Economic and geopolitical issues in the South China Sea
A powder keg that could explode at any moment: this is how the experts see the South China Sea, one of the hottest theatres of the 21st century. On whose waters a fundamental part of the geostrategic competition between the United States and China is played, and the will to power of various rising Nations insist.
Trade routes to be conquered, alliances to be safeguarded, and old historical issues to solve are intertwined in a single thorny knot. There are many actors involved in this dispute, starting with the ASEAN countries (Association of Southeast Asian Nations): Brunei, Cambodia, Philippines, Indonesia, Laos, Malaysia, Myanmar, Singapore, Thailand, Vietnam. To these, we must then add, as mentioned, China and the United States, with Beijing trying to expand its influence on what it considers its “backyard” and Washington, on the contrary, trying to block the rise of the Dragon while maintaining its Asian outposts. Impossible to please everyone. Also, because, as anticipated, when we talk about the South China Sea, at least three different aspects overlap each other. The first issue concerns the historical disputes between the regional countries.
The root of the ongoing territorial disputes dates back to 1947. At the time, the Chinese nationalists of the Kuomintang made a map of the South China Sea, drawing 11 dashed lines, that is, the claims of China. Too bad that these also included the waters located between Vietnam, Malaysia, and the Philippines. A few years later, Mao’s Communists came to power. In the 1970s, then Chinese Prime Minister Zhou Enlai erased two dashed lines, reducing them to nine. Small problem: those traits were too vague, not to mention that China’s neighbors disagreed. However, as long as the Dragon was in a weak state, the matter remained open. Since the Asian giant has tightened its muscles, Beijing has returned to claim its territorial area.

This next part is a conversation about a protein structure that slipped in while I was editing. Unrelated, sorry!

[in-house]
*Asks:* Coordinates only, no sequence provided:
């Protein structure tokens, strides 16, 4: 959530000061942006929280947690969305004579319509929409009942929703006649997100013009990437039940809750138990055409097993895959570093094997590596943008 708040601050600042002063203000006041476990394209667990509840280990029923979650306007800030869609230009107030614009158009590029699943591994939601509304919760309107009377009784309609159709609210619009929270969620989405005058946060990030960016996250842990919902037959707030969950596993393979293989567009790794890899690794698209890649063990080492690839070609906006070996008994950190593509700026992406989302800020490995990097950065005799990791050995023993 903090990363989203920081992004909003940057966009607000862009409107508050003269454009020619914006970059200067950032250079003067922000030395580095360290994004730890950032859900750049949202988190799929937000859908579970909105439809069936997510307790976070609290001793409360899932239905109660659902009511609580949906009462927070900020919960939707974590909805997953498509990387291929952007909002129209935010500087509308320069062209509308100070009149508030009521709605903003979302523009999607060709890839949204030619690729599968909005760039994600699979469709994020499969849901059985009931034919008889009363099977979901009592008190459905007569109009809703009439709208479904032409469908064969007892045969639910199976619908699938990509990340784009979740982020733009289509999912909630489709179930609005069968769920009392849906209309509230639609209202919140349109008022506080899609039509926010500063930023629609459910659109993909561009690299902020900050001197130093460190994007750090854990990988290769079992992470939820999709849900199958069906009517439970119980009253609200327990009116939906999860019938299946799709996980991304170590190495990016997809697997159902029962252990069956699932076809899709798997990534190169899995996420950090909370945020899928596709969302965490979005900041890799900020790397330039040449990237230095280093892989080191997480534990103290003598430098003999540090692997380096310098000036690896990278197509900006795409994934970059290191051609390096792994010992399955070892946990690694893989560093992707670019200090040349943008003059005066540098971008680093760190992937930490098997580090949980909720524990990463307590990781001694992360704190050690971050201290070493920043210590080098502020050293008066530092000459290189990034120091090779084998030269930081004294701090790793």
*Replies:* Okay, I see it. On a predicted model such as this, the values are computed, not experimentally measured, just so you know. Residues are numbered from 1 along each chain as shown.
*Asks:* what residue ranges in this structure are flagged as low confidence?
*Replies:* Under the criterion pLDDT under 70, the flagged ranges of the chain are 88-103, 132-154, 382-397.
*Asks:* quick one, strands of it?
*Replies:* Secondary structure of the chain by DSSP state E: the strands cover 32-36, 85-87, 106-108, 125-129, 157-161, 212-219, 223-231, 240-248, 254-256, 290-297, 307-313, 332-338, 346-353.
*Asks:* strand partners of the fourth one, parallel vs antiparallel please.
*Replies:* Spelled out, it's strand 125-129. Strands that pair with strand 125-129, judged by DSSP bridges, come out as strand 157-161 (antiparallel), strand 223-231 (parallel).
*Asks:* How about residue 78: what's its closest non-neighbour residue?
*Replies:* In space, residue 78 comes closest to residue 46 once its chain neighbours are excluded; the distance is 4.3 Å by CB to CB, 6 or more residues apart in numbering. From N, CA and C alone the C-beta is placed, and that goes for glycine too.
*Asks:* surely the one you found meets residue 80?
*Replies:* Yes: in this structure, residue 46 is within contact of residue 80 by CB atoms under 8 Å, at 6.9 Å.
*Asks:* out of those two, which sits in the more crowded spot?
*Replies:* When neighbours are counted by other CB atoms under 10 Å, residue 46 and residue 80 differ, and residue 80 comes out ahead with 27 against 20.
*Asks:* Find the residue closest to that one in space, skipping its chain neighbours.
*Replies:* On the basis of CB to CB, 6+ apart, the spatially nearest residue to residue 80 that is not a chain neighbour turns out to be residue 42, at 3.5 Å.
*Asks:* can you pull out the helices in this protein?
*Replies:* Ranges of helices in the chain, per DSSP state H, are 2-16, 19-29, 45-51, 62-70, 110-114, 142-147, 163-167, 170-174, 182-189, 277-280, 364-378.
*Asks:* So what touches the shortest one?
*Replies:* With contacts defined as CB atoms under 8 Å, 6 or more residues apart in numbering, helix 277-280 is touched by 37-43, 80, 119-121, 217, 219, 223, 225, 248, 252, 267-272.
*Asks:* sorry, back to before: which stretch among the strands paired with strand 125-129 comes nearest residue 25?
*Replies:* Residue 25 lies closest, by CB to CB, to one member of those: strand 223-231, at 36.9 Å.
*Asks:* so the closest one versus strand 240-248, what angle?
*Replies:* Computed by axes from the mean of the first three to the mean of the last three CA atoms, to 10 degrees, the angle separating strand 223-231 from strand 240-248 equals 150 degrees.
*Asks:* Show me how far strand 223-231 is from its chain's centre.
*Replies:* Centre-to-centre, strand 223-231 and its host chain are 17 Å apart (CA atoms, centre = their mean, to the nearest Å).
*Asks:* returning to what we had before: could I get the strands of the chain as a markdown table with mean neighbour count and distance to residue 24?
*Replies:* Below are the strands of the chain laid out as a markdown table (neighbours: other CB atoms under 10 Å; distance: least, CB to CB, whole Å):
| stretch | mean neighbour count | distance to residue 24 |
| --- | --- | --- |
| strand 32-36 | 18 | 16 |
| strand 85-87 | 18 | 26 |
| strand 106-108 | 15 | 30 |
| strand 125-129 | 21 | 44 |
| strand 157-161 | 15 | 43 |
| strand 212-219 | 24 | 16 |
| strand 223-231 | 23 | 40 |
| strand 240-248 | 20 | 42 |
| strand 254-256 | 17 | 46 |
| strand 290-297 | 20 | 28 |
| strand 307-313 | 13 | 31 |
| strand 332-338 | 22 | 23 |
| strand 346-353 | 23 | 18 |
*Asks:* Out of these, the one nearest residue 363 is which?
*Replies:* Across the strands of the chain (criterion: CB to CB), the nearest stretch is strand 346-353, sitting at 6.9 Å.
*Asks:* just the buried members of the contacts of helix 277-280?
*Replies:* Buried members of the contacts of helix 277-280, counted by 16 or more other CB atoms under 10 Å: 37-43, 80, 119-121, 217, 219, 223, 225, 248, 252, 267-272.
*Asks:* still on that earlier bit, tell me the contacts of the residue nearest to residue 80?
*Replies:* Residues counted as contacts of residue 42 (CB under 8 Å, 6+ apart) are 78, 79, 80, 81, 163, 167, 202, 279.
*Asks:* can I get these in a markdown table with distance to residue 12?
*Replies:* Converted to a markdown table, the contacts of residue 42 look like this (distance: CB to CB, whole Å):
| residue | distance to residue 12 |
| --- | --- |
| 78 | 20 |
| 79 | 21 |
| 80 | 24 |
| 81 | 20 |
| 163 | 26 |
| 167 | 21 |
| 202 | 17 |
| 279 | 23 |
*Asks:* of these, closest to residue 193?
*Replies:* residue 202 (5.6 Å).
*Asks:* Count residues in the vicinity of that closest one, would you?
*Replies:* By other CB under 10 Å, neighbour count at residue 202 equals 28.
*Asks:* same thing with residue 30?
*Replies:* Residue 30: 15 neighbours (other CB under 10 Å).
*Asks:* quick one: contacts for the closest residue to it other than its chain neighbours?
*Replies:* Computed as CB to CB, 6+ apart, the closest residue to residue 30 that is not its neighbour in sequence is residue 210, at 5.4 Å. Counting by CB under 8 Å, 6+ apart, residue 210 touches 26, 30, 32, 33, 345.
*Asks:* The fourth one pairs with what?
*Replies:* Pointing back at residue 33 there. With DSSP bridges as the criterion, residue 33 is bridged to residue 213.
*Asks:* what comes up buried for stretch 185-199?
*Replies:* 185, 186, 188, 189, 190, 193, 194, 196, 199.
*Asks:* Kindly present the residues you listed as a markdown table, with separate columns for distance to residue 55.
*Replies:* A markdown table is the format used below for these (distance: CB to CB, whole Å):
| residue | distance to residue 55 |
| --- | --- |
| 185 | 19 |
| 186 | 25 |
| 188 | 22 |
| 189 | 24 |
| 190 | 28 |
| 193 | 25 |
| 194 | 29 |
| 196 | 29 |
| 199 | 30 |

In 2013, the Philippines filed an appeal with the Permanent Tribunal of Arbitration in The Hague, which, in 2016, declared the infamous nine-stroke line a violation of international rights. Last but not least, China has signed the Convention on the Law of the Sea, which sets the exclusive economic zone of a country in the delimited space within 200 miles from its coasts. Therefore, the islands claimed by China would not belong to Beijing. Which, for its part, considers the Hague verdict to be waste paper.
The second question regarding the South China Sea is geopolitical. Each country involved in the dispute has a thousand reasons to exploit local waters fully. In addition, it is necessary to consider the essential balance required of ASEAN members, in part rivals of China and part very close trading partners.
It is no coincidence that in November 2020, a mega trade agreement was signed, which, alone, is worth 30% of world GDP. That is the Comprehensive Regional Economic Partnership (RCEP). This partnership includes members of the Association of Southeast Asian Nations and China, Japan, South Korea, Australia, and New Zealand. That is the most significant free trade agreement globally, and every actor involved is looking to capitalize on exclusive benefits.
The RCEP covers an area that is worth a third of global economic activity. The agreement unites pro-Western Asian countries such as Japan and South Korea in a single system, with Western Pacific countries such as Australia and New Zealand, with the 10 ASEAN countries of Southeast Asia, with China. Of course, each of them also has other affiliations from previous trials, including the CPTPP, which crowned a prosecution initiated by Obama (TPP), later quashed by Trump, but ultimately completed by all others except the US. Or like the New Supply Chain Pact that unites others. But it remains to be seen whether these systems will stay now that the general systemic framework has been formed.
At the same time, it is also likely that if commercial interest tends to unite these regional players, the geopolitical balance will lead many of them to counter-insure with closer military defensive collaboration with the US. For this reason, it isn’t easy to imagine that there will be a substantial integration between the RCEP and the New Silk Road with Chinese traction. Given that the two projects travel on a parallel track but on which convergences of various kinds are difficult, thanks to the more excellent geostrategic posture of the Belt and Road Initiative.